Officials at an Oregon high school have fired a biology teacher who distributed fundamentalist Christian material in class and compared the theory of evolution to Nazism.
Kris Helphinstine was hired by the Sisters School District in central Oregon to teach evolutionary biology, but he quickly departed from the accepted curriculum. In a supposed attempt to “give accurate information” and get kids thinking, Helphinstine distributed an essay from Answers in Genesis, a fundamentalist Christian ministry that wants “young-Earth creationism” taught in public school science classes.
Young-Earth creationists insist that the planet is only 6,000 years old, believe dinosaurs lived alongside humans and say the Book of Genesis is literally true. They attack evolution, insisting that humans have no relation to other forms of life.
The Answers in Genesis essay Helphinstine distributed is authored by Ken Ham, an Australian creationist. In the essay, Ham argues that dogs like poodles are the result of God’s curse on creation for man’s sin in the Garden of Eden.
“Dogs like poodles are the result of the Curse!” Ham writes. “Each time I arrive home and our pet Bichon races to the door to meet me, I am reminded of my sin, that I, in Adam, sinned and ushered in the Fall.”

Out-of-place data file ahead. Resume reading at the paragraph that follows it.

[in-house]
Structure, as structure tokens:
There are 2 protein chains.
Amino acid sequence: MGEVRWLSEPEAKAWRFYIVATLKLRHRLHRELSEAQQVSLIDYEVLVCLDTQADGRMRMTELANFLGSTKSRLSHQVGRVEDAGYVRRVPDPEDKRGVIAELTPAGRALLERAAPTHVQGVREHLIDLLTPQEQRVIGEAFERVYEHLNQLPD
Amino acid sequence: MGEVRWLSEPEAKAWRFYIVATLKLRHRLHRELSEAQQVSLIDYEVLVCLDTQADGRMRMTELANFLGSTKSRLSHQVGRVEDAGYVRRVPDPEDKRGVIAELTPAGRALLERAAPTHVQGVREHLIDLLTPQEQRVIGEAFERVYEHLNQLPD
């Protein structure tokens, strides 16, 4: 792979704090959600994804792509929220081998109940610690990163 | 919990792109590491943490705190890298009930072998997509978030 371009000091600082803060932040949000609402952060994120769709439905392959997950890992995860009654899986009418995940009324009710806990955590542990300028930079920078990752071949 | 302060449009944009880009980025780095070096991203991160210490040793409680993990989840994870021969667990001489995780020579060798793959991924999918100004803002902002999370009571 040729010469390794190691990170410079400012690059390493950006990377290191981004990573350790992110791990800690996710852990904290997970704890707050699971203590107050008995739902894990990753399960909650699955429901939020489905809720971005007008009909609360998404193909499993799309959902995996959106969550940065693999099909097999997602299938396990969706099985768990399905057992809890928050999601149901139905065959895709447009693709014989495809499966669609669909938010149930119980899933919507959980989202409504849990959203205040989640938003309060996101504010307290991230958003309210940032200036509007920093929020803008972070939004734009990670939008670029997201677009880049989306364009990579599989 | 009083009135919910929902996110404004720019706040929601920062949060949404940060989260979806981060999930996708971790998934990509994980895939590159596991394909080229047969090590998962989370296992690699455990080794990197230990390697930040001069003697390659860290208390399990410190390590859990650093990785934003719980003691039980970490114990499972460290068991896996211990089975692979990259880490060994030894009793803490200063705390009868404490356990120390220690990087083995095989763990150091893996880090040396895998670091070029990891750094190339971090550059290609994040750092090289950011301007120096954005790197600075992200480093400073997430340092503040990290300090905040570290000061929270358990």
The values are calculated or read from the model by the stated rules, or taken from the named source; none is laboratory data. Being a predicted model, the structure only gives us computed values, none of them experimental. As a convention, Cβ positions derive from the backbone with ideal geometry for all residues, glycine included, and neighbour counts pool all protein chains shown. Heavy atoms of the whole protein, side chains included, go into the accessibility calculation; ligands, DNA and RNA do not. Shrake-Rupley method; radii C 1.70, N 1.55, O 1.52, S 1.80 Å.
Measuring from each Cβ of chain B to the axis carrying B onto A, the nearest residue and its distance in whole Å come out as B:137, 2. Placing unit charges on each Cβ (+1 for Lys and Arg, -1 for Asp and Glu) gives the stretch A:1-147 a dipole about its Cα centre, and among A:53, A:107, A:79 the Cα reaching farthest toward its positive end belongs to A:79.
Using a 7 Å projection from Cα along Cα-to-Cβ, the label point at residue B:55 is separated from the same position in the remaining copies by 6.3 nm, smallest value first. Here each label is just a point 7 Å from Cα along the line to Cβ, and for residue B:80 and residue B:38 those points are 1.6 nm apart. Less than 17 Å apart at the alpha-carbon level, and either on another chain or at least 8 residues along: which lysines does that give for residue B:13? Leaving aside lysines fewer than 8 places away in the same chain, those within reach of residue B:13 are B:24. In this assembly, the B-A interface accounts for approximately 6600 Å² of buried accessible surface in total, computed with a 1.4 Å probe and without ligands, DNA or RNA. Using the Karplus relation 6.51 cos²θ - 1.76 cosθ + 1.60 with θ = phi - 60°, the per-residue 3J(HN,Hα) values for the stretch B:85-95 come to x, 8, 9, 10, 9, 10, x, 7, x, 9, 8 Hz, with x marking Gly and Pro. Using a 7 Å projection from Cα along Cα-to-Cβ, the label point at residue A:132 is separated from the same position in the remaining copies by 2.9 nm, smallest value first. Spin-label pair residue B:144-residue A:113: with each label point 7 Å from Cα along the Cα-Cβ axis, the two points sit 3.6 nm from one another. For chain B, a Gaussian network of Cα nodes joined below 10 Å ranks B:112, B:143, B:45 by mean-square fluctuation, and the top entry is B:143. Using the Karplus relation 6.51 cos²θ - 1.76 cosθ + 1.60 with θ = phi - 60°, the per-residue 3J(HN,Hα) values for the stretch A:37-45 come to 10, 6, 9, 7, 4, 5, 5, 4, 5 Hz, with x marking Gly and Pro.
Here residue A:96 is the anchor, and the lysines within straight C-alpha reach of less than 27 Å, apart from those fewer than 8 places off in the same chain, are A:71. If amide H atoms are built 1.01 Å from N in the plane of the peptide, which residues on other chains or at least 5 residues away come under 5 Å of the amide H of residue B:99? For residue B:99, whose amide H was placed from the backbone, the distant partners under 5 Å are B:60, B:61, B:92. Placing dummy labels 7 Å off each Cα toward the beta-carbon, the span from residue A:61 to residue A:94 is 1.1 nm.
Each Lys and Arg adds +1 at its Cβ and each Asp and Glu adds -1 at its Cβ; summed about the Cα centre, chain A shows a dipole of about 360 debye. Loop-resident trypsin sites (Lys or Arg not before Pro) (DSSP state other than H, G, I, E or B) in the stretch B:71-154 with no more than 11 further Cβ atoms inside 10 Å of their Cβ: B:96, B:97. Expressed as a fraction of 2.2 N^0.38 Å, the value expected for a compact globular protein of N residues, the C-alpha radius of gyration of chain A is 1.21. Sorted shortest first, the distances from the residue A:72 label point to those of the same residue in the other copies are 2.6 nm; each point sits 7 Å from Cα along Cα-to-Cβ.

Helphinstine, 27, also showed a power point presentation linking evolution to eugenics, Nazi medical experiments in concentration camps and Planned Parenthood.
The Associated Press reported that the school board dismissed Helphinstine after parents complained that his “supplemental materials” didn’t teach about evolution and were confusing their children. He had been on the job for only eight days.
“I thought he departed from the accepted curriculum,” school board President Michael Gould told Religion News Service. “And he exercised poor judgment on some material in a sensitive area.”
Helphinstine admitted that it was inappropriate to show slides of Nazi death camps to the freshmen and sophomore students. He also said he would not bring creationism up again, but did not seem to realize the gravity of his mistake.
“The goal of teachers is to present the facts while concealing their own biases,” he told the Portland Oregonian.
Although Helphinstine refused to talk about his personal beliefs concerning evolution and creationism, a former college professor noted that Helphinstine comes from a conservative Christian background.
The Supreme Court ruled in 1987 that public schools may not teach about creationism alongside evolution in science classes, holding that the former is a religious concept. Nevertheless, the issue continues to roil many communities. Most recently, some creationists have repackaged their ideas, removed some of the more outlandish claims about the age of the Earth and are pushing them as “intelligent design.”